Speaker 3: 02:04 The secretary's order came down so quickly. Some families were stuck mid move, some arrived in San Diego before their furniture, other sailors and Marines had set up their new places and were ready to move when the order came down. Blue star families, a military support group is asking families about the disruption caused by COBIT 19 in the militaries response, Jessica Strong is the senior researcher for the survey because the stop movement order people are not able to move from one place to another. If you were caught in the middle of that right now, 21% of our respondents in our week one said that they will be paying two rents or mortgages in the next 60 days after they've just lost a position or lost half their income. That that's not easy to do. By the second week of the survey, 37% of respondents said their spouse had become unemployed. About a third say they plan to dip into savings. There's a lot of financial repercussions. People are without housing or to make rent or unable to afford food even or a white with the group that helps. Military family says denial plays a big role in compounding financial problems. She seen people's stack, unopened bills when they know they can't pay.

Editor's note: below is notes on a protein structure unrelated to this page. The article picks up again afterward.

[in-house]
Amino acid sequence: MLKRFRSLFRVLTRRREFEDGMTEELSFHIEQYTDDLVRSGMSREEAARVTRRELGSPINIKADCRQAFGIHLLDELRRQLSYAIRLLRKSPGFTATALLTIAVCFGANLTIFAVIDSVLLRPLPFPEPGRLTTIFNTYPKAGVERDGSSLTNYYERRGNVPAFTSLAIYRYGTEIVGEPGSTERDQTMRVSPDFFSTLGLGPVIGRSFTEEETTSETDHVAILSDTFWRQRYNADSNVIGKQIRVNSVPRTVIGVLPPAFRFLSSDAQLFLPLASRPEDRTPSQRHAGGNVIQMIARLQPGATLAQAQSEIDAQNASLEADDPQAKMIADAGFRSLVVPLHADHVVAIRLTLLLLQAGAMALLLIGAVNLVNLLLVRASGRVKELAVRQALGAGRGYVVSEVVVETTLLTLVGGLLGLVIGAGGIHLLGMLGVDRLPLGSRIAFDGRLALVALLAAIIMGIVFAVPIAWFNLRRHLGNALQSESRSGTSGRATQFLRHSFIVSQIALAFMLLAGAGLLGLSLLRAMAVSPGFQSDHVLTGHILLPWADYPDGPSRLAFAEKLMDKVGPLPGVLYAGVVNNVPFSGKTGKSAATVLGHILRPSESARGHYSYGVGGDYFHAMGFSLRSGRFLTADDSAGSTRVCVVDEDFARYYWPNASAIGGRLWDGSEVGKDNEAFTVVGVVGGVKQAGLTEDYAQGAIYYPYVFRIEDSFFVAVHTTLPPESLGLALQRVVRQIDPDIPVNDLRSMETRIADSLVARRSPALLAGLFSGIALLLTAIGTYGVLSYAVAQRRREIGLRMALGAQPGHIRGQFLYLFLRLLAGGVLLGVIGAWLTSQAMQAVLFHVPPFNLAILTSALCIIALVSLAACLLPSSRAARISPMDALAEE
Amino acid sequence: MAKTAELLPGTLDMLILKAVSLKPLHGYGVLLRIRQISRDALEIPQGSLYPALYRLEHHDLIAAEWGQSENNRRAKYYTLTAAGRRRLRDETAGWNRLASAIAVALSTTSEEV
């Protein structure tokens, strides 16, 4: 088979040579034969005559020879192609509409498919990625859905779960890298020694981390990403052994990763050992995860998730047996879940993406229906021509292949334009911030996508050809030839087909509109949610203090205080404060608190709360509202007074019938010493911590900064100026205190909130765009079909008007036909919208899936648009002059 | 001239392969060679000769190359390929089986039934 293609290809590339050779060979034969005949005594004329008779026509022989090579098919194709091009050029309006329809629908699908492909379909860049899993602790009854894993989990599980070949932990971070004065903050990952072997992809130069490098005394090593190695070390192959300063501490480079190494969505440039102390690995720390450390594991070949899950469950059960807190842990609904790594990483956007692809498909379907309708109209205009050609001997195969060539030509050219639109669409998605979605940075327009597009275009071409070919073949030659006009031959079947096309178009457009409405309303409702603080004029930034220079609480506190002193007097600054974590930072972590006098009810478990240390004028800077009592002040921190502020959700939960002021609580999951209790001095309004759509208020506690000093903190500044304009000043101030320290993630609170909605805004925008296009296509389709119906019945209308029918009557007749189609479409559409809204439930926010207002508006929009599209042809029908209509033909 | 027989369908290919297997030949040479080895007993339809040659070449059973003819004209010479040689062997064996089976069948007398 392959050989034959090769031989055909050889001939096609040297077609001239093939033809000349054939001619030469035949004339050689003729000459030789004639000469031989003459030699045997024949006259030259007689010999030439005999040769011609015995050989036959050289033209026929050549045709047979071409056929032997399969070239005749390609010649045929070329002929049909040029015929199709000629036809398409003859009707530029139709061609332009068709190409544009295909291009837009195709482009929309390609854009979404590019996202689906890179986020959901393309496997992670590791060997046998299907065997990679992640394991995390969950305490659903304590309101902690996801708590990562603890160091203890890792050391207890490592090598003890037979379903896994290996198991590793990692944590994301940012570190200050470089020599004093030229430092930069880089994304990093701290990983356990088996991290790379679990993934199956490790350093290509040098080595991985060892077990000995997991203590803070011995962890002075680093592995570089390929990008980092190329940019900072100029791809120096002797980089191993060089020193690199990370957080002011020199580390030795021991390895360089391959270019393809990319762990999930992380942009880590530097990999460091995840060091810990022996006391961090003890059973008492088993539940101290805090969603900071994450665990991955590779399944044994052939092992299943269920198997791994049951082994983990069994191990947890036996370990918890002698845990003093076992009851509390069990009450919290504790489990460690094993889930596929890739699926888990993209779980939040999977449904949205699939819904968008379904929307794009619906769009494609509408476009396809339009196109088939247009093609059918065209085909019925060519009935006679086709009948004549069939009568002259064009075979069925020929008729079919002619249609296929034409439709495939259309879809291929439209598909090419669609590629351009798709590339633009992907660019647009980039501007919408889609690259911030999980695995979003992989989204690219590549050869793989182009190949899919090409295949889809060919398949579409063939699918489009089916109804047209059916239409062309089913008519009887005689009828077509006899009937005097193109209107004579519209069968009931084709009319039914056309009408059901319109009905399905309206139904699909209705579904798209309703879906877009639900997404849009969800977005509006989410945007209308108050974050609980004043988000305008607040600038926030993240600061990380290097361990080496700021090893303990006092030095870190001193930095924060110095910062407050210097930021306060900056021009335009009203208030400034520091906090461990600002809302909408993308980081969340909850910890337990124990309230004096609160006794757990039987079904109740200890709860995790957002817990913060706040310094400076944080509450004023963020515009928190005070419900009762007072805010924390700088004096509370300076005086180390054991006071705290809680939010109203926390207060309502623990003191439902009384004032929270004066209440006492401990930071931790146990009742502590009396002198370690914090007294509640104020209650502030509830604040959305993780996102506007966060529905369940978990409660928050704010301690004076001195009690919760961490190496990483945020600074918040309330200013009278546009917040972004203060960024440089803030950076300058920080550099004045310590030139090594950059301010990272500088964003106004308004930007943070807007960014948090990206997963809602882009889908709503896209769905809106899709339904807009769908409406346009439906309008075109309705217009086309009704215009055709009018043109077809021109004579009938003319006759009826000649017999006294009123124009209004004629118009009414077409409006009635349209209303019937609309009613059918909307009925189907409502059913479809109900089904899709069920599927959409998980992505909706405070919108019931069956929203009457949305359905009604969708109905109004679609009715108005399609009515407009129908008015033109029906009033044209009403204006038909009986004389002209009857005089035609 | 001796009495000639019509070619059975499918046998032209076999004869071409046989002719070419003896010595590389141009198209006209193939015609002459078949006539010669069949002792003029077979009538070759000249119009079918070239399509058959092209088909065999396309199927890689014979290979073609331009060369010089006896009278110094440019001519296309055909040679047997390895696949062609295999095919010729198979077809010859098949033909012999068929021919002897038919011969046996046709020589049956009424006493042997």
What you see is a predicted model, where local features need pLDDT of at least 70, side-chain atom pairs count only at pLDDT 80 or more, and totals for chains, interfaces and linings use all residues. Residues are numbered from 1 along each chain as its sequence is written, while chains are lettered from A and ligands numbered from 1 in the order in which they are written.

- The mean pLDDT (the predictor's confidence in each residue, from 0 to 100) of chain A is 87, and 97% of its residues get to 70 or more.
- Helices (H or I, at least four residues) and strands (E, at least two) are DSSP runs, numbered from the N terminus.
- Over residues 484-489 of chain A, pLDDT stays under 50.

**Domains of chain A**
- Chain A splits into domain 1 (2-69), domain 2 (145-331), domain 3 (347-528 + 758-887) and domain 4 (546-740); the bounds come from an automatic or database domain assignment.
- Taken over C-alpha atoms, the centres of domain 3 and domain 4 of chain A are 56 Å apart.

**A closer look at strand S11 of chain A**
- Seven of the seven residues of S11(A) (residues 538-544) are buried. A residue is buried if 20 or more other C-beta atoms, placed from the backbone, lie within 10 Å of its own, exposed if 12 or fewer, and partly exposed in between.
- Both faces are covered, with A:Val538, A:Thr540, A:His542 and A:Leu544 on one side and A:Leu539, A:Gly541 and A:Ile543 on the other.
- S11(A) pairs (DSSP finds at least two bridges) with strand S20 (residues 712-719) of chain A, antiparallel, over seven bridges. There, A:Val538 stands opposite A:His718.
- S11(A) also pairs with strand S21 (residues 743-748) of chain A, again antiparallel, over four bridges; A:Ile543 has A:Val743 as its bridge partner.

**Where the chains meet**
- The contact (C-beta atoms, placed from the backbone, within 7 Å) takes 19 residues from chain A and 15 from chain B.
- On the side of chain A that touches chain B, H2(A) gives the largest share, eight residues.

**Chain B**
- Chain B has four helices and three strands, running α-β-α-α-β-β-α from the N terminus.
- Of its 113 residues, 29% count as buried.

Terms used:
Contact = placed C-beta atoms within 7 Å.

Speaker 2: 03:12 We want you to take a deep breath and realize that the a big part of the world is just come to a halt so you're not in any different situation than a lot of other people. Get them in order and start making phone calls to each one of those people and talk about your situation. You're going to be able to put something on hold. You're going to be able to come up with some payment plans
Speaker 3: 03:30 if a creditor won't work with you. The next step is to contact state or federal consumer protection offices. New laws have put temporary holds on some evictions. People in the military should also reach out to their command. Above all else, white says, try to stay calm. There are solutions. Steve Walsh, KPBS news [inaudible]
Speaker 1: 03:50 we have with us now. Steve Walsh. Steve, thanks for joining us. Hi Alison. So tell us about this stop movement order. Who does it affect and what exactly does it mean?
Speaker 4: 04:00 Well, it affects really everyone in the U S military. On March 25th, secretary of defense, Mark Esper put this stop movement order in place. Uh, it meant that people who were in Europe could not trans port to the United States. People who are in Afghanistan, uh, in most cases could not come back to the States. Uh, people who were in the middle of moving from one side of the country to the other were basically frozen where they are.